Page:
Genon Jensen of Health and Environmental Alliance said:

"This partial ban on dental amalgams is excellent news, especially for children’s health. It will not only help protect the health of mothers and children but also contribute to reducing everyone’s environmental exposure to mercury.  Several Member States either disallow amalgam use or have already reduced it to less than 10% of all dental fillings. We hope each Member States will now take seriously its duty to reduce amalgam use for everyone."

 

Notes to the editor:

Mercury and its compounds are highly toxic to humans, especially to pregnant women and the developing nervous system.  Amalgam consists of 50% mercury, which under certain conditions can transform to neurotoxic methylmercury.

Joint NGO press release, 29 November 2016, Civil society calls on EU decision makers to phase out dental amalgam

A Joint NGO letter was sent on 15 November, to EU Environment ministers, to the EU Health Ministers, and to the European Commission.

 

For more information contact:

 

Elena Lymberidi-Settimo, Project Coordinator ‘Zero Mercury Campaign’, European Environmental Bureau, 0032 (0)2 289 1301, This e-mail address is being protected from spambots. You need JavaScript enabled to view it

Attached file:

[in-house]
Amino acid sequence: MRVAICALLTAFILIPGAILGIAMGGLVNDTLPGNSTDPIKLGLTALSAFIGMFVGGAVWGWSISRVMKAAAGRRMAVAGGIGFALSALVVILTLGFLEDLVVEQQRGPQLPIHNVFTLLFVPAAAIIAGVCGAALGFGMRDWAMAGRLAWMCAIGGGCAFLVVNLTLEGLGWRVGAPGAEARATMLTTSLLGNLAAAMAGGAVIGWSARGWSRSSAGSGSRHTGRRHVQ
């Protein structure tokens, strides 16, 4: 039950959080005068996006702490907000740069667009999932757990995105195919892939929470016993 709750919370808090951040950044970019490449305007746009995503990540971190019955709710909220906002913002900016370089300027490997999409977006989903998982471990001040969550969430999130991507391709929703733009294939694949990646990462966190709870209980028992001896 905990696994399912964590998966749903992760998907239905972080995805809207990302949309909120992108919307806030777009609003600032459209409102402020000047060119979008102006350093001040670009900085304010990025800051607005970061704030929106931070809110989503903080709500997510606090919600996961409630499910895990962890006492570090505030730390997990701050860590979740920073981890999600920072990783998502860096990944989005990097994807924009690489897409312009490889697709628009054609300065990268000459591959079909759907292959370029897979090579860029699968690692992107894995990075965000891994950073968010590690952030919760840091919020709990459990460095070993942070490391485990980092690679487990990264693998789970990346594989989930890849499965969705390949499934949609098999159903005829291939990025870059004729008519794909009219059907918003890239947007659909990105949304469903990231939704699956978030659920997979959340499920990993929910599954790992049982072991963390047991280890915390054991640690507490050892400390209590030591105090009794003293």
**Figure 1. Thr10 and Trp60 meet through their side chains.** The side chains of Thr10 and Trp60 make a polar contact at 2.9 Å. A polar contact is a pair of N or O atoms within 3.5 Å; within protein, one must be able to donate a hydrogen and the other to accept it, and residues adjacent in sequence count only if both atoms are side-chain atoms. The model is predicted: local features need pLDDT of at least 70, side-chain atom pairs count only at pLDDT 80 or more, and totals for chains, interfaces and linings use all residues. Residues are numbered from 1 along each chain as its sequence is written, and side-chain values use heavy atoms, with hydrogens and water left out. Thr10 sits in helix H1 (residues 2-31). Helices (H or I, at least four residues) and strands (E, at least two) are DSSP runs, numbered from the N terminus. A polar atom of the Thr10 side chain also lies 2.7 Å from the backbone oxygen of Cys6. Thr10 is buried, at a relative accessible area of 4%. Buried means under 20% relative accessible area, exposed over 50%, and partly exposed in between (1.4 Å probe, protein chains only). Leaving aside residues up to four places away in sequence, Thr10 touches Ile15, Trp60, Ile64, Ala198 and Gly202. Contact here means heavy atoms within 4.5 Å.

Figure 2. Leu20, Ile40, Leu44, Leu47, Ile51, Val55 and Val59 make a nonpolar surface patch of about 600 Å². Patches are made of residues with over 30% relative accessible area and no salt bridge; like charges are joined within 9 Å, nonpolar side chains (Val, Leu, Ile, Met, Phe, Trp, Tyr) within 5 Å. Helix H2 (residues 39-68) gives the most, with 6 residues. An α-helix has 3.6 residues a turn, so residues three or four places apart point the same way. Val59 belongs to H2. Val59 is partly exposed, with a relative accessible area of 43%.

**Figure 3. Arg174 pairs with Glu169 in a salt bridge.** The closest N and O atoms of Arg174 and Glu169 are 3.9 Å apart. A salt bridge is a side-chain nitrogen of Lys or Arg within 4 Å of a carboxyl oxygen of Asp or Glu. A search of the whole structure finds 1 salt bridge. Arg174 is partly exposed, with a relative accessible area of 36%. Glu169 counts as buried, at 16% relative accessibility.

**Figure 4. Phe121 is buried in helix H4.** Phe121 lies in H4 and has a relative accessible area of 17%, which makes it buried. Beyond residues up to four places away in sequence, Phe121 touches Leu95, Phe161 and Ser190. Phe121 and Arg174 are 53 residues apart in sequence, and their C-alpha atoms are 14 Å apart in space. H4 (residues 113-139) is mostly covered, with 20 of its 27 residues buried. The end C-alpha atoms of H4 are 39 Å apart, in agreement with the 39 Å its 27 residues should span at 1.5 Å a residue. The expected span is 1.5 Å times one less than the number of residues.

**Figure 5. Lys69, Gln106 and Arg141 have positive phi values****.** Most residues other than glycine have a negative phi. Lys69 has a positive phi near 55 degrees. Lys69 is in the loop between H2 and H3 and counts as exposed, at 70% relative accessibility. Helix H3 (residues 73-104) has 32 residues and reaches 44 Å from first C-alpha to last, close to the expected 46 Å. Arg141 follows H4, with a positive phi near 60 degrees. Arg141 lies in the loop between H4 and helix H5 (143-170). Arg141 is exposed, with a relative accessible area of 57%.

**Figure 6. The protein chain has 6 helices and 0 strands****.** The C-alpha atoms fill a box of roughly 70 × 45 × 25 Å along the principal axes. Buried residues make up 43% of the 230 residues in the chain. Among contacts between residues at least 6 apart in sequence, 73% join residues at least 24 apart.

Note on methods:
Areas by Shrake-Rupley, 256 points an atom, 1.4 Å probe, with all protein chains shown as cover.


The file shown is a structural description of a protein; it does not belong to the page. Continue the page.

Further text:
Philippa Nuttall Jones, EEB Communications Manager, 0032 (0)2 289 1309, This e-mail address is being protected from spambots. You need JavaScript enabled to view it

Philippe Vandendaele, Chemicals Policy Advisor, Health Care Without Harm (HCWH) Europe, 0032 (0) 2503 0481, This e-mail address is being protected from spambots. You need JavaScript enabled to view it

Aidan Long, Press & Communications Officer, HCWH Europe, 0032 (0) 2503 0481 / 0032 (0)465 100 940, This e-mail address is being protected from spambots. You need JavaScript enabled to view it

Diana G. Smith, Communications and Media Adviser, Health and Environment Alliance (HEAL), 0033 (0)1 55 25 25 84 / 0033 (0)6 33 04 2943, This e-mail address is being protected from spambots. You need JavaScript enabled to view it